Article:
“Maurice Sendak,” says Russell D. Moore , “was, by all accounts, a lonely, misanthropic, cynical, homosexual atheist.” Yet, in an article he wrote shortly after Sendak’s death a few months ago for the Nov/Dec 2012 issue of Touchstone , he praises him for ”all that he has to teach a church he never embraced.”

Sendak is the author of the well-known and beloved children’s book  Where the Wild Things Are . While some say the book is too dark, Moore believe that Sendak “had a more realistic view of evil than many Christians do, at least when it comes to our children.” The story’s protagonist Max is sent to his room after telling his mother that he will eat her up. His room then turns into a forest full of “wild things,” and he does not return to his room until he becomes “king of all of the wild things,” or until he gains self control over his own “wild things.” Moore says:

Sendak . . . at least in his artistic imagination, recognized something the Christian revelation tells us clearly. Worse than what’s “out there” is the uncontrollable “wildness” inside of us, those passions and desires and rages and longings and sorrows within our psyches that seem to be even scarier because they’re so hidden, so close, and so much at the core of who we are.

The “wildness without” we at least know we have little or no control over, which is scary enough, but the “wildness within,” we hope we to be able to control, and when faced with our human weakness it is often unbearable. I often think of Fr. Luigi Giussani ‘s “disproportion before the total answer” ( The Religious Sense ): “The more an individual is implicated in an attempt to respond to these questions [about the core of our being and the need for a total answer], the more he perceives their power, and the more he discovers how disproportionate he is with respect to the total answer,” and how disproportionate any response of his would be in the face of the mystery.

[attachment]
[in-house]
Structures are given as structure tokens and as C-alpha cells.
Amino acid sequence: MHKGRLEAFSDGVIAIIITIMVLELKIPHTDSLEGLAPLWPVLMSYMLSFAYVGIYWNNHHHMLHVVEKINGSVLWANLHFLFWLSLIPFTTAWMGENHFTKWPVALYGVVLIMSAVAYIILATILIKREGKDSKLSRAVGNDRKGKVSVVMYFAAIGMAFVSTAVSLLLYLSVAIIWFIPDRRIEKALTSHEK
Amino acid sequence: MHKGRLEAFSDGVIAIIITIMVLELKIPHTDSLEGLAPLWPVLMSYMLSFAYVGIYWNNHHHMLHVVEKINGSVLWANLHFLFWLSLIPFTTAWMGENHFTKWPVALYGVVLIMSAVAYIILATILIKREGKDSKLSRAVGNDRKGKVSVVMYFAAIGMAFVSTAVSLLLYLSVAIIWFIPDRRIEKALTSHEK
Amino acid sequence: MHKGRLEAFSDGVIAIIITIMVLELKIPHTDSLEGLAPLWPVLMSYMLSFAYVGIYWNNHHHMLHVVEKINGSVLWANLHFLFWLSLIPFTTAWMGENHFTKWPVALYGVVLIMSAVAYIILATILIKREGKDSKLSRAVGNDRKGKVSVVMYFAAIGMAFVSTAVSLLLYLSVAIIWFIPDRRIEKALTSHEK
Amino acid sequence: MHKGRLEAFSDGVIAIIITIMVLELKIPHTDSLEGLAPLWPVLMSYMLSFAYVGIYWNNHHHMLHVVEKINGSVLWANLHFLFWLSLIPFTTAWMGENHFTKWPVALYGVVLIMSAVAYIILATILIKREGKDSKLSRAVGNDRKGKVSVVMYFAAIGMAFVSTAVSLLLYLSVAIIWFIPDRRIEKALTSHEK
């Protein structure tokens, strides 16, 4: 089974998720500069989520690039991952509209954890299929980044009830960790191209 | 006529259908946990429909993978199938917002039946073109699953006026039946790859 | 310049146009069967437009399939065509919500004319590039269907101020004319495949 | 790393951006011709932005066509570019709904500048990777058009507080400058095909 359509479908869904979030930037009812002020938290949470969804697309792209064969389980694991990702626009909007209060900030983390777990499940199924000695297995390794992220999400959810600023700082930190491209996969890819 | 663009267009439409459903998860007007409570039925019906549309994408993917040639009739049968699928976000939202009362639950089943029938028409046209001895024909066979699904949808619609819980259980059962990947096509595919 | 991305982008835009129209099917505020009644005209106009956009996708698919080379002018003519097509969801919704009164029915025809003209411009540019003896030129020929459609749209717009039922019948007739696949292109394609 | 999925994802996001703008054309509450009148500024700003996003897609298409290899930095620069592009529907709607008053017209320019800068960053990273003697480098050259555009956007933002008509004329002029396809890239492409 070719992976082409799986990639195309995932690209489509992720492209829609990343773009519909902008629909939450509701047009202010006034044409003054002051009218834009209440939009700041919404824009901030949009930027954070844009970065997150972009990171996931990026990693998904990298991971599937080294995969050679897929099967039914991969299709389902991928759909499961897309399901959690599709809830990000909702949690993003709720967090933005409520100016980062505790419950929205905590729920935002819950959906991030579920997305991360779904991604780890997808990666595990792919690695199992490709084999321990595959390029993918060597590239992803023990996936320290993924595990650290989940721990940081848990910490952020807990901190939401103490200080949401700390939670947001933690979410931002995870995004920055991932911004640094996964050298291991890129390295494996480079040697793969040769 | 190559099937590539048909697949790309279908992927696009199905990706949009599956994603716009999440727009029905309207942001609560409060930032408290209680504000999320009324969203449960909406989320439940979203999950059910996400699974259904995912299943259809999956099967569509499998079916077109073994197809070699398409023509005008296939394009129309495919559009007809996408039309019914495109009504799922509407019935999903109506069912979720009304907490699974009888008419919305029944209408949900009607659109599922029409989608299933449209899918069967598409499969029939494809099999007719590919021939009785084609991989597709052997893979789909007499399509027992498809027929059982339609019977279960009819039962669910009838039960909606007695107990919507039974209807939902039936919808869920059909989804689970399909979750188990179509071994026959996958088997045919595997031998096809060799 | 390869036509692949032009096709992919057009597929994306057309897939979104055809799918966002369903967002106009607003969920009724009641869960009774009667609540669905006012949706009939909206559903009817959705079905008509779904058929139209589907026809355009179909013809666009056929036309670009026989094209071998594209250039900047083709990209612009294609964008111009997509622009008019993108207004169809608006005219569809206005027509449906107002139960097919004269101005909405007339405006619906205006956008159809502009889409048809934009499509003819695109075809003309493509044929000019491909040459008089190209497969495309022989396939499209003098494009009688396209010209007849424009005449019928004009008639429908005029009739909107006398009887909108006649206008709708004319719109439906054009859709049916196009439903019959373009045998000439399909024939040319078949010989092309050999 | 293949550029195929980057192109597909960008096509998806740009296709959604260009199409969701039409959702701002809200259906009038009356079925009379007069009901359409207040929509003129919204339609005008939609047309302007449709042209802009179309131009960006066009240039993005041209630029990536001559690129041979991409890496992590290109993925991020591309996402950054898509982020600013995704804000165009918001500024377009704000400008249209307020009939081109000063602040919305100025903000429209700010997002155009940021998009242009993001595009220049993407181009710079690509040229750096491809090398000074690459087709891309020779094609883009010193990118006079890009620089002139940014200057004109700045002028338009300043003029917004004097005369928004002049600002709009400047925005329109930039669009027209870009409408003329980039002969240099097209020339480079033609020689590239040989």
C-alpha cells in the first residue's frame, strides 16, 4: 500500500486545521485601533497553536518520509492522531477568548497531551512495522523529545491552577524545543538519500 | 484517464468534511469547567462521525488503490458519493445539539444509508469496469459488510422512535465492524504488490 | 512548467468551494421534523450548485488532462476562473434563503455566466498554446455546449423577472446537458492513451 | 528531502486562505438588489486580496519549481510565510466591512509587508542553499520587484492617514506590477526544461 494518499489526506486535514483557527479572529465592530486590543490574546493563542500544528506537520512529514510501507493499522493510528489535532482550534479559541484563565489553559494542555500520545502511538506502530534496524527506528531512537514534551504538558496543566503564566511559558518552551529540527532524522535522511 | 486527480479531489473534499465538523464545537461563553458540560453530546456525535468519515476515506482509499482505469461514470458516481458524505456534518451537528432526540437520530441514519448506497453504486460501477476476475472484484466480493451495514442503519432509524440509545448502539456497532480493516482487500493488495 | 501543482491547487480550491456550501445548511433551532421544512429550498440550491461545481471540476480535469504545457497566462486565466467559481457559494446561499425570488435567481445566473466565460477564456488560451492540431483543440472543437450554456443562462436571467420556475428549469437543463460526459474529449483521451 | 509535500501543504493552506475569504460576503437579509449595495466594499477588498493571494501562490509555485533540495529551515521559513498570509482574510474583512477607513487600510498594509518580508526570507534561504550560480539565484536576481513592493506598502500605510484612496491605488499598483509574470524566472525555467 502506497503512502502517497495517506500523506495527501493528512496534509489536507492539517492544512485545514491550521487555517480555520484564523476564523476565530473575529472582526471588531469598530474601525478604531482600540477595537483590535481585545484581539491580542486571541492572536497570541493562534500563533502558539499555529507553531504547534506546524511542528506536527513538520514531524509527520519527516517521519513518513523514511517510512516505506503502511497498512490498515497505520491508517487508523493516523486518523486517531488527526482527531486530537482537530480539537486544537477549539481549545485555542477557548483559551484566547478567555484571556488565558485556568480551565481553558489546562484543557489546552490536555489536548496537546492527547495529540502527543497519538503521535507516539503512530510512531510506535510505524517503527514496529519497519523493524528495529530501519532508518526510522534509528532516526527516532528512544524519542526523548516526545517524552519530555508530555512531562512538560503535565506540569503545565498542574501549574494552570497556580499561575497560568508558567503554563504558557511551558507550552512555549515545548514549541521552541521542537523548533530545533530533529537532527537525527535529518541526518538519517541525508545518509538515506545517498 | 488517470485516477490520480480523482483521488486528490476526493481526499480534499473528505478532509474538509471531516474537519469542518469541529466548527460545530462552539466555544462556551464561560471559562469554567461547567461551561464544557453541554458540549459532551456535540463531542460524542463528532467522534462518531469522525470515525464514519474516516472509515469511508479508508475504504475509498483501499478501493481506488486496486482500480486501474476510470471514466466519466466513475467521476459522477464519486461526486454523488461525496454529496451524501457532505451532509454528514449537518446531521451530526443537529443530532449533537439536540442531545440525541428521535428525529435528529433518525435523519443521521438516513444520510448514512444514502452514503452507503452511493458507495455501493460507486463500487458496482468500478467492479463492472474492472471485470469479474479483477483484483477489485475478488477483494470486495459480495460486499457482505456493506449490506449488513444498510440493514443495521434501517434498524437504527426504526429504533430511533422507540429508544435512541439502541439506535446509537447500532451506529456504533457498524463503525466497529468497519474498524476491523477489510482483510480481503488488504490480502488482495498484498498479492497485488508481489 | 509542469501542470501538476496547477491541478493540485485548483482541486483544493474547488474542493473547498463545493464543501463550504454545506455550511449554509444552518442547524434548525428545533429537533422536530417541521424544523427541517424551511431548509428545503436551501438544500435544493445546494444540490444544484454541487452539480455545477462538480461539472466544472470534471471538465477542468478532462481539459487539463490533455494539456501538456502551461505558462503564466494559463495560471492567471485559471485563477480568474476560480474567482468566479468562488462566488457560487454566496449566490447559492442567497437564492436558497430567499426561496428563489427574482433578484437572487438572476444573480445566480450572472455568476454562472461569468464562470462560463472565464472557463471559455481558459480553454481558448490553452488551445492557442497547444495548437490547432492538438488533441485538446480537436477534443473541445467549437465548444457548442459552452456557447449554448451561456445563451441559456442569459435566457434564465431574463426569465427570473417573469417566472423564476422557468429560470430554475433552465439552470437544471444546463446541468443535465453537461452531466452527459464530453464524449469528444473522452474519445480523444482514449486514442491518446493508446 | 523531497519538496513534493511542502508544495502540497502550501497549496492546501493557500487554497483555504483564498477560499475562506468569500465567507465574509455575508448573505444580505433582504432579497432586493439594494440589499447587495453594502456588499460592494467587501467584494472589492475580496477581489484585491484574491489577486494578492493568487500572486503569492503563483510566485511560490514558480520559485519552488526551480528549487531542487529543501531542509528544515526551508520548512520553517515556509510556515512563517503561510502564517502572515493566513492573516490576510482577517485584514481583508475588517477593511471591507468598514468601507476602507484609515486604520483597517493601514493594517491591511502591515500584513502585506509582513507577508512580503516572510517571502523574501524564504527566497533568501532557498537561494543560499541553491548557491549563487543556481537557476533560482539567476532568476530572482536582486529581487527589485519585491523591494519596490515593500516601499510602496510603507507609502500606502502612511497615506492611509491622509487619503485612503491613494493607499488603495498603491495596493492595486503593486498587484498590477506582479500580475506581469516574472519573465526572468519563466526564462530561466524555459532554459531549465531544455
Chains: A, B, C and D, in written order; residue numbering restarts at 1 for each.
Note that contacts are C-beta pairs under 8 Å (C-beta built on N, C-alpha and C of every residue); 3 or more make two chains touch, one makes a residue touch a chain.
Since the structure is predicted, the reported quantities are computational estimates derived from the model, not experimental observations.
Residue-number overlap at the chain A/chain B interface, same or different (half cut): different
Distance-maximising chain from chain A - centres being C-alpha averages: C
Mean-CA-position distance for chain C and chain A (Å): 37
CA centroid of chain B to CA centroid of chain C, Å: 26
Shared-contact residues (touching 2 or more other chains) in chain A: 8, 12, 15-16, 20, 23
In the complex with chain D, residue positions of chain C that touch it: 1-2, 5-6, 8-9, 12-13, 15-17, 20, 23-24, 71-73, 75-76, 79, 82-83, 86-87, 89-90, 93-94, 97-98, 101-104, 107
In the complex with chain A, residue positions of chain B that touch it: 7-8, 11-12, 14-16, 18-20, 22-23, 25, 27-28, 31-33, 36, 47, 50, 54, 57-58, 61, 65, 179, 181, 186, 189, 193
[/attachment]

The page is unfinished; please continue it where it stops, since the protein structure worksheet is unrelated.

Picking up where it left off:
Taking the scariness of the “wildness within” a step further than Sendak, Moore points out that the reason it scares us so is because even our own self-control is ultimately not full control and ultimately not ours, but only insomuch as God gives it to us by grace. We cannot save ourselves:

The problem is, our kids  know  there are monsters out there. God put that awareness in them. They’re looking for a sheep-herding dragon-slayer, for the One who can put all the wild things under his feet. Until we can address, with gospel honesty, what scares our children—and ourselves—we can never get to the joyous wild rumpus of gospel freedom.

“The Word came into the world, and the wildness did not overcome it.”

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